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The full case caption appears at the end of this opinion. The opinion of the Court was delivered by O’HERN, J. “According to a venerable principle of disputation, the power to frame the question includes also the power to control the answer.” Des Moines Register & Tribune Co. v. Dwyer, 542 N.W.2d 491, 503 (Iowa 1996)(Harris, J., dissenting). In this employment discrimination case against Continental Airlines and certain of its employees, one way of framing the issues is whether: 1. “If an employer provides an [I]nternet ‘forum’ _ an electronic bulletin board _ for employees’ use, does it have a duty to monitor e-mail postings to ensure that employees are not harassing one another?” [FOOTNOTE 1] 2. May “a Continental pilot living in Seattle, based out of Houston, [file a complaint in a New Jersey court] about electronic statements on the employee network because Continental was headquartered in New Jersey?” [FOOTNOTE 2] The answers to those questions are easy. The answers are not quite so easy when the questions are stated as follows: 1. Should an employer, having actual or constructive knowledge that co-employees are posting harassing, retaliatory, and sometimes defamatory, messages about a co-employee on a bulletin board used by the company’s employees, have a duty to prevent the continuation of such harassing conduct? 2. Should employees of Continental Airlines reasonably expect to be subject to the personal jurisdiction of New Jersey when (a) they have published in that forum defamatory statements that are intended or are foreseeably likely to injure the co-employee in the exercise of her protected rights to be free from discrimination, and (b) they have done so in retaliation for a co-employee having sought in that forum, where her work activities were centered, the protection of the forum’s laws against discrimination? It seems to us that if the facts are stated thus the answers to the questions should be “yes.” Because the facts may be somewhere in between, we cannot provide categorical answers to the questions. The case appears to have proceeded on the thesis that there could be no liability if the harassment by co-employees did not take place within the workplace setting at a place under the physical control of the employer. Although the electronic bulletin board may not have a physical location within a terminal, hangar or aircraft, it may nonetheless have been so closely related to the workplace environment and beneficial to Continental that a continuation of harassment on the forum should be regarded as part of the workplace. As applied to this hostile environment workplace claim, we find that if the employer had notice that co-employees were engaged on such a work-related forum in a pattern of retaliatory harassment directed at a co employee, the employer would have a duty to remedy that harassment. We find that the record is inadequate to determine whether the relationship between the bulletin board and the employer establishes a connection with the workplace sufficient to impose such liability on the employer. We remand that aspect of the matter to the Law Division for further proceedings in accordance with this opinion. Concerning the issue of personal jurisdiction, we find that defendants who published defamatory electronic messages, with knowledge that the messages would be published in New Jersey and could influence a claimant’s efforts to seek a remedy under New Jersey’s Law Against Discrimination, may properly be subject to the State’s jurisdiction. Although advances in electronic and Internet technology have created new ways to communicate, the sources of personal jurisdiction remain constant. Specific jurisdiction may be exercised over non-resident defendants by applying traditional principles of jurisdictional analysis irrespective of the medium through which the injury was inflicted. Because the record is inadequate to determine the jurisdictional facts, we remand the jurisdictional issues for further consideration. I. A. The facts of the case are more fully set forth in the opinion of the Appellate Division reported at 322 N.J. Super. 187 (1999) and in the related opinions of the United States District Court. Blakey v. Continental Airlines, Inc., 992 F. Supp. 731 (D.N.J. 1998); Blakey v. Continental Airlines, Inc., 2 F. Supp.2d 598 (D.N.J. 1998). We provide this summary. Tammy S. Blakey, a pilot for Continental Airlines since 1984, appears from the record to be a highly qualified commercial airline pilot. In December 1989, Blakey became that airline’s first female captain to fly an Airbus or A300 aircraft (A300). The A300 is a widebody twin-engine jet aircraft seating 250 passengers. Airbus Industrie (visited March 13, 2000) http://www.airbus.com . Plaintiff was one of five qualified A300 pilots in the service of Continental Airlines. Shortly after qualifying to be a captain on the A300, Blakey complained of sexual harassment and a hostile working environment based on conduct and comments directed at her by male co-employees. From 1990 to 1993, Blakey was based in Newark, New Jersey, but lived in Arlington, Washington. According to Blakey, in February 1991, she began to file systematic complaints with various representatives of Continental about the conduct of her male co-employees. Specifically, Blakey complained to Continental’s management concerning pornographic photographs and vulgar gender-based comments directed at her that appeared in the workplace, specifically in her plane’s cockpit and other work areas. In February 1993, Blakey filed a charge of sexual discrimination and retaliation in violation of Title VII of the Civil Rights Act of 1964 and the Civil Rights Act of 1991 against Continental with the Equal Employment Opportunity Commission in Seattle, Washington, her home state. She simultaneously filed a complaint in the United States District Court in Seattle, Washington, against Continental for its failure to remedy the hostile work environment. Because Blakey’s major flight activities had been out of Newark International Airport, the United States District Court granted Continental’s motion to transfer the action to the United States District Court for the District of New Jersey. Continental requested the transfer to New Jersey because Blakey was based in Newark, her allegations were predicated on unlawful employment practices that took place in New Jersey and the Continental personnel responsible for investigating Blakey’s complaints also were based in Newark. Continental’s motion to transfer was granted on May 13, 1993. At her own request, Blakey transferred to Houston in May 1993. To be relieved of the continuing stress that she had experienced in Newark, Blakey assumed a voluntary unpaid leave of absence beginning in August 1993. B. In the midst of that federal litigation, her fellow pilots continued to publish a series of what plaintiff views as harassing gender-based messages, some of which she alleges are false and defamatory. From February to July 1995, a number of Continental’s male pilots posted derogatory and insulting remarks about Blakey on the pilots on-line computer bulletin board called the Crew Members Forum (“Forum”). The Forum is accessible to all Continental pilots and crew member personnel through the Internet provider, CompuServe. When Continental employees access CompuServe, one of the menu selections listed in the “Continental Airlines Home Access” program includes an option called “Continental Forum.” Like many other large corporations today, Continental’s computer technology operations are “outsourced” or contracted-out, in this case to a company called Electronic Data Systems (“EDS”). EDS manages Continental’s information systems including the CMS, which contains information on flights, crew member schedules, pay and pilot pairings. Continental requires that pilots and crew “access” the CMS in order to learn their flight schedules and assignments. To access such a system is, in essence, to call in through a computer or telephone. Continental personnel access the CMS in three ways. Continental personnel may access the CMS through “dumb terminals” [FOOTNOTE 3]located in crew locations throughout the Continental network through a direct line to Continental’s main computer system that is managed by EDS and maintained on a mainframe computer in North Carolina. Flight crew members also may access CMS through a voice response system by dialing into the system on a regular telephone. The third means of access to the CMS is to connect to the system through an Internet service provider [FOOTNOTE 4](ISP), in this case, CompuServe, a wholly owned subsidiary of America Online, Inc.(AOL). CompuServe is the ISP approved by Continental to provide pilot and crew access to the CMS. To access the CMS through CompuServe, Continental personnel simply need a personal computer, a modem (a device that connects the computer to a phone line), and a phone line. CompuServe provides “membership kits,” containing customized computer software to all Continental personnel who may wish to connect to the CMS in this manner. The CompuServe software provides access to the CMS to any individual with a Continental employee identification number that identifies that individual as a pilot or crew member. As part of the package provided to pilots and crew personnel, CompuServe made the Crew Members Forum available for crew members to exchange ideas and information. According to Continental’s witnesses, CompuServe charged $5.80 per hour to provide a direct connection between Continental’s main computer system and CompuServe. Three percent of that charge is paid back to Continental to defray any costs incurred by Continental. CompuServe charges pilots and crew members a monthly fee for Internet access. Perhaps to enhance the appeal of its product, CompuServe provides the Crew Members Forum for pilots and crew members to exchange messages. In the parlance of the Internet, this is described as a virtual community. Community is about communication and interaction among people of shared interests, objectives or purposes. When community members such as employees communicate with each other, they build relationships. See Steven L. Telleen, What It Means To Have Virtual Communities on an Intranet, Internet World, Nov. 16, 1998 (describing virtual communities and virtual workgroups). “[I]ntranet communities are typically created to improve collaboration and knowledge sharing among employees.” Joseph Cothrel, Virtual Communities Today, The Journal of the Association for Global Strategic Information (July 1999). The Crew Members Forum essentially serves as an Intranet system. Access to the Crew Members Forum is available only through CompuServe. The Forum is not accessible through the dumb terminals. The Forum is like a bulletin board where employees can post messages or “threads” for each other. At the time of trial, the Law Division stated that “only 250 employees nationwide had access to the Forum at the time that [] defendants published their statements.” System operators, or SYSOPS as they are called, provide technical assistance for the Forum. SYSOPS were Continental crew members who volunteered with CompuServe for the position and received no compensation from Continental for that work. Although it was said that Continental management was not permitted to post messages or reply to any messages on the Forum, its chief pilots and assistant chief pilots had access to the Forum if they signed up with CompuServe to utilize the CMS. Relying on deposition testimony of the Director of Crew Systems and Planning, plaintiff asserts that chief pilots are considered management within Continental. [FOOTNOTE 5]Although Continental may have no duty to monitor the Forum, it is possible that a jury could find that Continental had knowledge, either direct or vicarious through managerial employees, of the content of certain messages posted on the Forum. C. The first messages or “threads” [FOOTNOTE 6]posted about Blakey by various male co-employees appeared in February 1995. On February 2, 1995, Defendant Donald Jensen wrote:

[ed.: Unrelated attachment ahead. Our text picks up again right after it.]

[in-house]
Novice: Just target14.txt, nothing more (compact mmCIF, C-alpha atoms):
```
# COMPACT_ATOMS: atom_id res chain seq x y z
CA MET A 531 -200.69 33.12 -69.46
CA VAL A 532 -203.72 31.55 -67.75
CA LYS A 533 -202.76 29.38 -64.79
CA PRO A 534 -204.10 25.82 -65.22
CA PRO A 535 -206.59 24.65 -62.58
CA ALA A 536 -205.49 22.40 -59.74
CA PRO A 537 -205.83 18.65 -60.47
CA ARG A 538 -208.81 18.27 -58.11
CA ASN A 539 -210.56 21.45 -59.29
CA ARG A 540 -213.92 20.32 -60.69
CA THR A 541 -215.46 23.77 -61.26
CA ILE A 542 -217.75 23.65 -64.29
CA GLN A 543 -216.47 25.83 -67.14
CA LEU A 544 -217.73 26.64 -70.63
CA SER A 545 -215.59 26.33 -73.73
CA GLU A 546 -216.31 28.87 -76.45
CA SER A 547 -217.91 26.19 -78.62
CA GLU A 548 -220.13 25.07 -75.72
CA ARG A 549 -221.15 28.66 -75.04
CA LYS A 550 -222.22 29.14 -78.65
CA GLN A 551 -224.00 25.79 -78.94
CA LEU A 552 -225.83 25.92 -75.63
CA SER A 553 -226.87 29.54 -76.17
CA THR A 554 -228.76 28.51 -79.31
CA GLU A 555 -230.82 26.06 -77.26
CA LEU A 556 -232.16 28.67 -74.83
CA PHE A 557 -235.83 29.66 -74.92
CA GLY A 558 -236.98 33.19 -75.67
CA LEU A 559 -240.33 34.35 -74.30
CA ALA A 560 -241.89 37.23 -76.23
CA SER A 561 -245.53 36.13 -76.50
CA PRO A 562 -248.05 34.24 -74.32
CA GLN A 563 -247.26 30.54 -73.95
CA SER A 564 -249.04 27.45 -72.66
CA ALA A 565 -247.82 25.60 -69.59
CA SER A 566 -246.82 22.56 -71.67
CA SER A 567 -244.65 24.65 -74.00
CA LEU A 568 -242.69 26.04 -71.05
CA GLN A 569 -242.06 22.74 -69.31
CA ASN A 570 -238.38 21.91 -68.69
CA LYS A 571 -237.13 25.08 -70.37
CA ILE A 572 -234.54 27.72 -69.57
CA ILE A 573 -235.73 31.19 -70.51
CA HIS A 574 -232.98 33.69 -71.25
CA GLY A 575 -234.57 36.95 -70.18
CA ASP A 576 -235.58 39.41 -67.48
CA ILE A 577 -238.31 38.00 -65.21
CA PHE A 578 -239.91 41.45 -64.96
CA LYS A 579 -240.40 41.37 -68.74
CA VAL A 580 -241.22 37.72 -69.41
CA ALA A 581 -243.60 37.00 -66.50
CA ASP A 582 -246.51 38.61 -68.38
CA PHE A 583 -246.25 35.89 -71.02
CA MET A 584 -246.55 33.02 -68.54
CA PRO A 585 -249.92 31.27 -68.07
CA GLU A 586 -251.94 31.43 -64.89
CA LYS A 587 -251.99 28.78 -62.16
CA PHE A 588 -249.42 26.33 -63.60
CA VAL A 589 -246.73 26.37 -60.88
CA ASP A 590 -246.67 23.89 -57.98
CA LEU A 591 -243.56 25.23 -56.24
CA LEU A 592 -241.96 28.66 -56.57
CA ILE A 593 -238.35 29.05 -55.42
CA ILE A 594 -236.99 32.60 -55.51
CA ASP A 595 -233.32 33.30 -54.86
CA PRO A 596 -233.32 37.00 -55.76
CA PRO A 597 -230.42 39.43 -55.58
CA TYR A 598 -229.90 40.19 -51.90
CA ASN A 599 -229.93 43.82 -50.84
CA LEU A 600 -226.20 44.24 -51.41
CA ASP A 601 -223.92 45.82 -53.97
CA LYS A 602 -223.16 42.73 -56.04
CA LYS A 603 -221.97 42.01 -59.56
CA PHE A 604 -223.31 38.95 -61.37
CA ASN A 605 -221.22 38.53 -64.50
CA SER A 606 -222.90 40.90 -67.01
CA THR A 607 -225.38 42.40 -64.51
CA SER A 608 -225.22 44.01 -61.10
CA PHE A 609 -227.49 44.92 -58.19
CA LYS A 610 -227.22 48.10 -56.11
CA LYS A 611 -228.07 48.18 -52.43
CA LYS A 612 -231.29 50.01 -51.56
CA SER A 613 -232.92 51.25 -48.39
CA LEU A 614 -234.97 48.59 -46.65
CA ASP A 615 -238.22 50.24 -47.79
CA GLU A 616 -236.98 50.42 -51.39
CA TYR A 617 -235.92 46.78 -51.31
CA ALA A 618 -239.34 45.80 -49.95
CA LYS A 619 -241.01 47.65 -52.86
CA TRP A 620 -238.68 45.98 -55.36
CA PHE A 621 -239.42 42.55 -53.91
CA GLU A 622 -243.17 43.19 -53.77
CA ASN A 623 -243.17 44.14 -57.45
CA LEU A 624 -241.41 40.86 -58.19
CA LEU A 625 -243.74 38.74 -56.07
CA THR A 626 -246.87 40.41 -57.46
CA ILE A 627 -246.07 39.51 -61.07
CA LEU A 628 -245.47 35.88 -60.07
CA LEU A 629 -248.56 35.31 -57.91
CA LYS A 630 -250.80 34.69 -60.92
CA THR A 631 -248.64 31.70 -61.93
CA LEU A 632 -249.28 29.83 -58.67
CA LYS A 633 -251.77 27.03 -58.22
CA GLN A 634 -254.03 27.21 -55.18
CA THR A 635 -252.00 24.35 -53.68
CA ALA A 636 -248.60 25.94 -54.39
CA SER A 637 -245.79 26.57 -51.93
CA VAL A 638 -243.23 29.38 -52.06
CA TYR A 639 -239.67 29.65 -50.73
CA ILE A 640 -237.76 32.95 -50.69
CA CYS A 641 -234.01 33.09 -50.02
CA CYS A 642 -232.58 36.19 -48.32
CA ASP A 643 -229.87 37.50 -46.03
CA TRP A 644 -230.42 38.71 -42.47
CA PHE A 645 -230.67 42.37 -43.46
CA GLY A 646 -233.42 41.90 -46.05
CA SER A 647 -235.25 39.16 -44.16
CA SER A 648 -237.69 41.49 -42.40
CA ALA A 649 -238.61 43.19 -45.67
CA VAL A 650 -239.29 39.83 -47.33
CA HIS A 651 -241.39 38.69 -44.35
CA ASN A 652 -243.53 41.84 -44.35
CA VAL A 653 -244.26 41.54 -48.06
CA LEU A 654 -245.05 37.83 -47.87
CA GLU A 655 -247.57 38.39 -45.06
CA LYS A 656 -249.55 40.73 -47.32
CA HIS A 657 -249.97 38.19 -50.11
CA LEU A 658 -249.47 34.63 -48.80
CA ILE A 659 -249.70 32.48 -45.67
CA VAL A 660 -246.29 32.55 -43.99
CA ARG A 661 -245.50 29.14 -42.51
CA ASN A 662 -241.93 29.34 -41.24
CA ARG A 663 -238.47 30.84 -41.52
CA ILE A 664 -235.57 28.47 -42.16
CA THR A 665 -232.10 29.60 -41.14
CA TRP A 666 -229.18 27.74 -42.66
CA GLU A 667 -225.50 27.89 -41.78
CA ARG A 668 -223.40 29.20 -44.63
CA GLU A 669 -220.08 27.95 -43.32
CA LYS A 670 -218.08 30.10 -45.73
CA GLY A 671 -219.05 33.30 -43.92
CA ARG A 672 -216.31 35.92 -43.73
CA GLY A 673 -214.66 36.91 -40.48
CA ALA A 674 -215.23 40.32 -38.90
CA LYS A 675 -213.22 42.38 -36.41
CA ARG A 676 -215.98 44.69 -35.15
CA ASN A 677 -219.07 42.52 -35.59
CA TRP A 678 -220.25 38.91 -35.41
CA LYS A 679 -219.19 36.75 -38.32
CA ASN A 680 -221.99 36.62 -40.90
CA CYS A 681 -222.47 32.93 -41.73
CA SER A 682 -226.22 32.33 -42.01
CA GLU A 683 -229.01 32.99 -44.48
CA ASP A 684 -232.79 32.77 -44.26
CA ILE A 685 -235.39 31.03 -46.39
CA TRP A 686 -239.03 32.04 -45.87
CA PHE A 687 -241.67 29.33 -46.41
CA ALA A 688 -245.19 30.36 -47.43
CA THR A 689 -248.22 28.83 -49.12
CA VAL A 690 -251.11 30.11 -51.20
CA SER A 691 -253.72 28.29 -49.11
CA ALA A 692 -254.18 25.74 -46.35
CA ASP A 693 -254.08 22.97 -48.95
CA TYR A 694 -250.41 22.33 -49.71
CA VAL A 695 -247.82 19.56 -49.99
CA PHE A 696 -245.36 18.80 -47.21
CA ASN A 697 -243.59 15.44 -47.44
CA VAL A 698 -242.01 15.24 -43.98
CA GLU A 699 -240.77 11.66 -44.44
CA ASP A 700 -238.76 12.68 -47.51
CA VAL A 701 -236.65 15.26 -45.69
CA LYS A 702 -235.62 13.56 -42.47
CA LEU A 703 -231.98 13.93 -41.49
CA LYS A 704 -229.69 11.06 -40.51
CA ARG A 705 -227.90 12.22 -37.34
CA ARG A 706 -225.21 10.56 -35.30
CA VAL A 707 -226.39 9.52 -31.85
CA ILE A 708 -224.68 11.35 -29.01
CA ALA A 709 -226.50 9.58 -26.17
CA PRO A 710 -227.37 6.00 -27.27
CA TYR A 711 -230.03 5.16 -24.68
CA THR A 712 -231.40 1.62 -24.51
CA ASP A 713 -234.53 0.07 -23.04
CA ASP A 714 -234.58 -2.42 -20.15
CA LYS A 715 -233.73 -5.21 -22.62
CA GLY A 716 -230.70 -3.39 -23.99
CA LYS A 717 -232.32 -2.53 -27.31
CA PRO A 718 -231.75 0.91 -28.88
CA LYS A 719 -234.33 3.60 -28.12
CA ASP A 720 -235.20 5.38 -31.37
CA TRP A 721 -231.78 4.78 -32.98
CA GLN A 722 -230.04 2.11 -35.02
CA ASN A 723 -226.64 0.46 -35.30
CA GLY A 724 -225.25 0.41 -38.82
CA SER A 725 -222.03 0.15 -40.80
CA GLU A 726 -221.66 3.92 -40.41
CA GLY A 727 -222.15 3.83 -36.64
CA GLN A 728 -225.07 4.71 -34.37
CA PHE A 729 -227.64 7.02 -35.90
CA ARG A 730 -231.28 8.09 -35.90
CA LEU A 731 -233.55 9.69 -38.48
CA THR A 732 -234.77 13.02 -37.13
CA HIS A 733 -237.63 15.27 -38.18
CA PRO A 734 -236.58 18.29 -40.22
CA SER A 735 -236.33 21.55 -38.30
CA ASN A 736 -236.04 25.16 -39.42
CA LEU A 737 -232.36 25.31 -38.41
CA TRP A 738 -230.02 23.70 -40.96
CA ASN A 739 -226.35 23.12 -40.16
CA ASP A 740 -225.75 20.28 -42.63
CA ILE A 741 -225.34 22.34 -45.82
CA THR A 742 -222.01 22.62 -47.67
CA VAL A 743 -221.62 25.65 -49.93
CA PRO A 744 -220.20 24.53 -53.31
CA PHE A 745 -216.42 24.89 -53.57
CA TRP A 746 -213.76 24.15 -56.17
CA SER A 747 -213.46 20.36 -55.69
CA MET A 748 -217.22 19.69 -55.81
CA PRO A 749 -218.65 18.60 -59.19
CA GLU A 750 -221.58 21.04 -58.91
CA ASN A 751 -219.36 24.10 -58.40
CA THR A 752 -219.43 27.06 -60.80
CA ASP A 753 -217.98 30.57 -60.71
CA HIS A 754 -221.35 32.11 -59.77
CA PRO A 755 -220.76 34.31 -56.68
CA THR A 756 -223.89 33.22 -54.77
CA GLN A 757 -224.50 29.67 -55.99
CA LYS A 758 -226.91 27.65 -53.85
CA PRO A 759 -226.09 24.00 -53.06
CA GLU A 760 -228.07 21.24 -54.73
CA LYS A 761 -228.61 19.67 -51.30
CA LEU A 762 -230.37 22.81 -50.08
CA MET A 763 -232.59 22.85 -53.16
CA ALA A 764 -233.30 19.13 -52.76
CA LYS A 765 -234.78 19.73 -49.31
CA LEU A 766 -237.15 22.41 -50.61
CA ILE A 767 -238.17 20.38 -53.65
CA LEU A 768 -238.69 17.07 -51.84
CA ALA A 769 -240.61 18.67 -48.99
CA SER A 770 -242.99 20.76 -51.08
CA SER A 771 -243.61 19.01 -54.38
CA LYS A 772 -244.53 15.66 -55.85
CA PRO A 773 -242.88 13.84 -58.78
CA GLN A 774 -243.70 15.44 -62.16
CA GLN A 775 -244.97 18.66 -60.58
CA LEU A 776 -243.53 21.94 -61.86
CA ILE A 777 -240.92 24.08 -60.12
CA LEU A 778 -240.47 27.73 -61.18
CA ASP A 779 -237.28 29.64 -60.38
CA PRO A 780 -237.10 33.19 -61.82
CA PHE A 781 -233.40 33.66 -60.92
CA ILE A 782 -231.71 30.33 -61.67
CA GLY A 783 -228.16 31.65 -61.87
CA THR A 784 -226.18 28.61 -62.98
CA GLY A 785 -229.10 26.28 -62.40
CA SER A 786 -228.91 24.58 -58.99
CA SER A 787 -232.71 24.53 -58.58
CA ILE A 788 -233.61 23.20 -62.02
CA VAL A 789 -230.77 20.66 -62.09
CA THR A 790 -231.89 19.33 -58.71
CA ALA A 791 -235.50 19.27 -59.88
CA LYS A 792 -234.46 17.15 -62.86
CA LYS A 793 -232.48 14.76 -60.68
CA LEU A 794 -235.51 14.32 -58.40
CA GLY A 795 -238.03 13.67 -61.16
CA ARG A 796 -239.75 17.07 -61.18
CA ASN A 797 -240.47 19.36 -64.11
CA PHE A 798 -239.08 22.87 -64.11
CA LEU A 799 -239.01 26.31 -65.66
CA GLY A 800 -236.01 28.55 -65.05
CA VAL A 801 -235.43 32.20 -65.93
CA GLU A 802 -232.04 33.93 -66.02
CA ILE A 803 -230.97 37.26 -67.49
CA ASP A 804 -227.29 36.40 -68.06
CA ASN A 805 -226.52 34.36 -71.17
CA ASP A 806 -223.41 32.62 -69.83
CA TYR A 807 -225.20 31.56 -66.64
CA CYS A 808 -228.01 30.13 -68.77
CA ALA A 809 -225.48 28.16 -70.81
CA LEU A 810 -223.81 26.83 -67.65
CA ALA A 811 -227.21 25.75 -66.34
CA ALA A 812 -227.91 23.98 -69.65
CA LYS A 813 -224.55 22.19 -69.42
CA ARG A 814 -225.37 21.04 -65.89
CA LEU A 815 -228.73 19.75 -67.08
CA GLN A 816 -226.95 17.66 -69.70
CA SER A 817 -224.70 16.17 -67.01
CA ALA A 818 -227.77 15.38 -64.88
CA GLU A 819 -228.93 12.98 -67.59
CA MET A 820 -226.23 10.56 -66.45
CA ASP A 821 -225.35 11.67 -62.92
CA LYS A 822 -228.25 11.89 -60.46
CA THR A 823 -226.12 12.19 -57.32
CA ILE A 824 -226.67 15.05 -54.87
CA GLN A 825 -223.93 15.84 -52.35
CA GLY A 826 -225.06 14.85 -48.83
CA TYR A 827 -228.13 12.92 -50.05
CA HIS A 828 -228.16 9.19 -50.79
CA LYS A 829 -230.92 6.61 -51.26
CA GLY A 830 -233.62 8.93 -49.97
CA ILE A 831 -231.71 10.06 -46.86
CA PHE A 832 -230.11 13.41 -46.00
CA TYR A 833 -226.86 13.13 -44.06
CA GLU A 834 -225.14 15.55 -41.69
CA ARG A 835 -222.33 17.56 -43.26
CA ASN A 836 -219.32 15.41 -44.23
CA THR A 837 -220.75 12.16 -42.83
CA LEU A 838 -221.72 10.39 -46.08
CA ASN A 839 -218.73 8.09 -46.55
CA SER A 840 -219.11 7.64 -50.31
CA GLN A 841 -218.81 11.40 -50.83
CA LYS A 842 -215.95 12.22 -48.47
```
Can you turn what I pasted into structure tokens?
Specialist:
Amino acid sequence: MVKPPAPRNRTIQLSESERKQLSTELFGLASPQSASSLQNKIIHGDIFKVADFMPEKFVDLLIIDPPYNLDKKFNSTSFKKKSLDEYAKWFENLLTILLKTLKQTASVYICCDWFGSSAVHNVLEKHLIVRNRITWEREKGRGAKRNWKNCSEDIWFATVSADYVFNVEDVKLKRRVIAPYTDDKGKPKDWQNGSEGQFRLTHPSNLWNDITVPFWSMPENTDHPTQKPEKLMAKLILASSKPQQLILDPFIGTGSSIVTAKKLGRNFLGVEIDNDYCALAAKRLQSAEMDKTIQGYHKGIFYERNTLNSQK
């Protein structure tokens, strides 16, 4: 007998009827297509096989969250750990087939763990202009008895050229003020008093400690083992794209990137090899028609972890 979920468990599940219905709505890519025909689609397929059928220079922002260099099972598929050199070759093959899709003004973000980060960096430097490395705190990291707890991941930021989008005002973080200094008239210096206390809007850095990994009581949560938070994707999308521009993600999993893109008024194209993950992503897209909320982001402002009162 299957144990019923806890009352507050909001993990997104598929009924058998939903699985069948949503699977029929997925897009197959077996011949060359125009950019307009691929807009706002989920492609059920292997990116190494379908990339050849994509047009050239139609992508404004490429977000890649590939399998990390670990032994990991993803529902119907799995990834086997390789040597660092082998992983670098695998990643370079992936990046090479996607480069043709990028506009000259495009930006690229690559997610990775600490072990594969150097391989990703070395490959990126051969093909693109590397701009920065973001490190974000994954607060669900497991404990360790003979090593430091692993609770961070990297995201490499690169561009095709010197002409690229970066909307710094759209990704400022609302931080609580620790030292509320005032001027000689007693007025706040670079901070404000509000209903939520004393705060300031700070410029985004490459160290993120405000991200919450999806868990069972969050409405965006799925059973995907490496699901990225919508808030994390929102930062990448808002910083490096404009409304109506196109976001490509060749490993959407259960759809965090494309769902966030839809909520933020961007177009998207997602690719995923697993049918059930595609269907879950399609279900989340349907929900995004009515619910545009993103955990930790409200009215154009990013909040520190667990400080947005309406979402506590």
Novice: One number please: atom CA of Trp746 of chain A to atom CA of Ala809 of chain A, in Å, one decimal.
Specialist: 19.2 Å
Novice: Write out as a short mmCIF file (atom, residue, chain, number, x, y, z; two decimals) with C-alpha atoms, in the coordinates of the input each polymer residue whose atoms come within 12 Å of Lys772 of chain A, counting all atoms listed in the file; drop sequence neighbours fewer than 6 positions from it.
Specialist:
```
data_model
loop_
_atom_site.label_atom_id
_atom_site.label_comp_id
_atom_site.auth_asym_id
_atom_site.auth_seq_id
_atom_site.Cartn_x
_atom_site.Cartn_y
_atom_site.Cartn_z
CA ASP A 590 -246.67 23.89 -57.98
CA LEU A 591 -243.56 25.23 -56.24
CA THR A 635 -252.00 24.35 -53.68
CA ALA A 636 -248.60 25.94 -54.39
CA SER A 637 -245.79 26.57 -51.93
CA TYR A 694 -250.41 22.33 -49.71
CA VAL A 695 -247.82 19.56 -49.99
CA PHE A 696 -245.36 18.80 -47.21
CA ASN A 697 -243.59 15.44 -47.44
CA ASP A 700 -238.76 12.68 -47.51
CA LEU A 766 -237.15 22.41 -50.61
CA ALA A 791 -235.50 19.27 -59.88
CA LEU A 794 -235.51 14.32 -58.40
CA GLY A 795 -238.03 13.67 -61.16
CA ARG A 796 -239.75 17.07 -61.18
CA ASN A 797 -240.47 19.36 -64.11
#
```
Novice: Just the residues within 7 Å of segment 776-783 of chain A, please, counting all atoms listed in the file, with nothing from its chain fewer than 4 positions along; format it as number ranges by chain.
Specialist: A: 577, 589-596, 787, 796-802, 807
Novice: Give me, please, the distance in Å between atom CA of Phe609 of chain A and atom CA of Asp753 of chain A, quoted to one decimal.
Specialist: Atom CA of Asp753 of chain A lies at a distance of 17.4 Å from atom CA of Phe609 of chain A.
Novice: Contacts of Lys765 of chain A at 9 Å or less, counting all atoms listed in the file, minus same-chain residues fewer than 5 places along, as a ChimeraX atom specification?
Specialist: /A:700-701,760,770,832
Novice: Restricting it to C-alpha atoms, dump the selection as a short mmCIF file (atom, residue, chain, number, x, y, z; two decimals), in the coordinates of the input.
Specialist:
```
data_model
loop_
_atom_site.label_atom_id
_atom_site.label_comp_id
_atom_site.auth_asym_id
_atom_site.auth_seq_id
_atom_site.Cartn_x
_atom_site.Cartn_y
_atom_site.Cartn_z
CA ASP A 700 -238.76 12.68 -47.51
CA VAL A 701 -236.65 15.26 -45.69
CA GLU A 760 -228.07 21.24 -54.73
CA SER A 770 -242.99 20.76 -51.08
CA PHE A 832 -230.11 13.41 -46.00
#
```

[The female pilots pursuing legal claims] are taking advantage of the fact that they are women to pursue these lawsuits. They see an opportunity to make money out of this situation to the detriment on [sic] their “union brothers” and are pushing it to the limit. If this lawsuit were being filed by a man, what do you think the reaction on this forum would be? It would be ridiculed beyond belief.